“The murder of Benjamin Marconi is tragic, evil and bad,” he said. “No one disputes him – he didn’t deserve it. But what is happening to Otis McKane now? “

Fuchs argued that during the years he was incarcerated in the Bexar County Jail, and since the panel first met him in March 2020 when they were chosen to serve on the jury , McKane had caused no further problems.

“It wasn’t like he never had an opportunity,” Fuchs said.

Another defense attorney, Joel Perez, said the murder of a police officer in the line of duty is treated differently from other serious crimes.

“If someone committed murder, killed a mother and her children, the best we can do is give them life without parole,” he said. “When they (the prosecutors) say, ‘he has to die, he has to die,’ keep that in mind.”

Perez had barely finished his last sentence when McKane raised his hand and began to stand and wave, trying to speak.

Perez and Fuchs entered the secure dungeon with McKane for a few moments and returned to tell the judge their client would not be testifying.

Strauch ended the argument by showing a video of the attack on the bailiff after their guilty verdict, then posted the transcript of an audio recording taken by Saharia Peillett-Hill, the mother of McKane’s son, who testified that McKane told her, “I’m going to kill you,” as he grabbed the wheel as she drove with their son in the car.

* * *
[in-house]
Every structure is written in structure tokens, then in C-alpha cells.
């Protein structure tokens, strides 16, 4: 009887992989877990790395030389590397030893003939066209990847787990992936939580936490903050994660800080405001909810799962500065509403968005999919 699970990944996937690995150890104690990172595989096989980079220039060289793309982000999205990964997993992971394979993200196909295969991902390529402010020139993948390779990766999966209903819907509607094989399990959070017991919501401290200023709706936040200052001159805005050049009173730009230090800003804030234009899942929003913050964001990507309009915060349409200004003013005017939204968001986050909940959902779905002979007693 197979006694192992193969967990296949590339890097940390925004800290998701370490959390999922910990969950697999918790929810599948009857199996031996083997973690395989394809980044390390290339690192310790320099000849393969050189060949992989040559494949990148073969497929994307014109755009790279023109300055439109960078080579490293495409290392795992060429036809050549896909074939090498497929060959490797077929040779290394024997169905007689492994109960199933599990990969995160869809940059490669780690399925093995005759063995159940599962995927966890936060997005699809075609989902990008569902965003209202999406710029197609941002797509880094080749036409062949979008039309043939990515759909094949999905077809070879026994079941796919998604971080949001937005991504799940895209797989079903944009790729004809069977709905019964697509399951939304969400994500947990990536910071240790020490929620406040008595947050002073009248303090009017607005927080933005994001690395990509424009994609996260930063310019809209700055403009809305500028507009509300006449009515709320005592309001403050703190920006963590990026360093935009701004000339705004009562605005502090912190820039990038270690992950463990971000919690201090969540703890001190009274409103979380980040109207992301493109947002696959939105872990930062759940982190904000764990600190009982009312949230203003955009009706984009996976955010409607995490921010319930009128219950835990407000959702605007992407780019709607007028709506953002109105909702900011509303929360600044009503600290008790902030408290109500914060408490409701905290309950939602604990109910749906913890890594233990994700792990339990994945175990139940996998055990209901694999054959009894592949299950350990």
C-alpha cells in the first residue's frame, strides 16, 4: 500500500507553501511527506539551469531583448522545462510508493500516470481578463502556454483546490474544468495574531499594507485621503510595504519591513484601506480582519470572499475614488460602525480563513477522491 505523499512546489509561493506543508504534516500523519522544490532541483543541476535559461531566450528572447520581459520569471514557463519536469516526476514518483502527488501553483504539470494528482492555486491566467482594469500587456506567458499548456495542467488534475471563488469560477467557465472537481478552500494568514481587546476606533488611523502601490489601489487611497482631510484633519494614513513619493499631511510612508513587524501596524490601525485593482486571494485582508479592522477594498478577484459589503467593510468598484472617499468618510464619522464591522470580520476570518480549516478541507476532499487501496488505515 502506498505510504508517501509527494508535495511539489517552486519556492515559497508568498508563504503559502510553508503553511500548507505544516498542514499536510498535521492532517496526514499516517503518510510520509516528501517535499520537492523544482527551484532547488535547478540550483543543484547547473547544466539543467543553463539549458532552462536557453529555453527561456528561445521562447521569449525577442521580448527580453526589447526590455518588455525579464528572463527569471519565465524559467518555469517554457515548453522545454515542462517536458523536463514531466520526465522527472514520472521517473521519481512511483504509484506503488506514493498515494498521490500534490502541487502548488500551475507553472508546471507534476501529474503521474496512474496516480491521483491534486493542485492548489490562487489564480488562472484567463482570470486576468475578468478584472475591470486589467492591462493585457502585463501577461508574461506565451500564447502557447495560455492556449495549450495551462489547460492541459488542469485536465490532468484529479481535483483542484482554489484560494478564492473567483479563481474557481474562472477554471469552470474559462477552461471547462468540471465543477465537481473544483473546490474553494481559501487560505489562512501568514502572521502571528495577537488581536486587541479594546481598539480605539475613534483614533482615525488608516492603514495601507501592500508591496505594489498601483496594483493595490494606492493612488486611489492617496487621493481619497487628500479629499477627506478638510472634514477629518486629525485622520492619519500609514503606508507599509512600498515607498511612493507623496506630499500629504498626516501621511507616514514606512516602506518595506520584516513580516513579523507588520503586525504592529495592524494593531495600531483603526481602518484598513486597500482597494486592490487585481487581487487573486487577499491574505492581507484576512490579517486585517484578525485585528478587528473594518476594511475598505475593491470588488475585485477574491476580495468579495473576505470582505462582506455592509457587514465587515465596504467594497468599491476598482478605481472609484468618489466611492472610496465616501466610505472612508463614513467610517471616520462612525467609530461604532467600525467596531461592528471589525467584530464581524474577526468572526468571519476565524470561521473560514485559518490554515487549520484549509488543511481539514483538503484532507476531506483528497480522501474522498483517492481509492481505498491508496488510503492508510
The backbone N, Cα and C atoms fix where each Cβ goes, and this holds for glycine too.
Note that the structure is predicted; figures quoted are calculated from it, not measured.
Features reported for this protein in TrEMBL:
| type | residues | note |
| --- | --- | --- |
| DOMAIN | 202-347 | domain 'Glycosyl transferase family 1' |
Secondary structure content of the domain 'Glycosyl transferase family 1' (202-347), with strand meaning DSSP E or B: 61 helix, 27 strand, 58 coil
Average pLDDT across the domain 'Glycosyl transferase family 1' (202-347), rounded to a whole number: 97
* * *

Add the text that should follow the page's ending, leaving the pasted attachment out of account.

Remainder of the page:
She then showed a video taken from Marconi’s patrol vehicle that showed the officer being shot – once in the left cheek, as he grabbed her face, then McKane’s left arm to a few inches from his head with the second hit.

“This defendant targeted him because of his uniform,” Strauch told the jury. “He feels justified in what he has done because the system has wronged him.”

Strauch showed clips of McKane’s interview after his arrest just 28 hours after the shooting, in which he denied more than a dozen times that he shot Marconi.

Once he admitted to shooting the officer, McKane was reluctant to express regret.

“I mean I apologize to the police and family, but something in my heart does not allow me to apologize,” he said in the video. “I wanted the police station to feel the burn I felt in my heart.”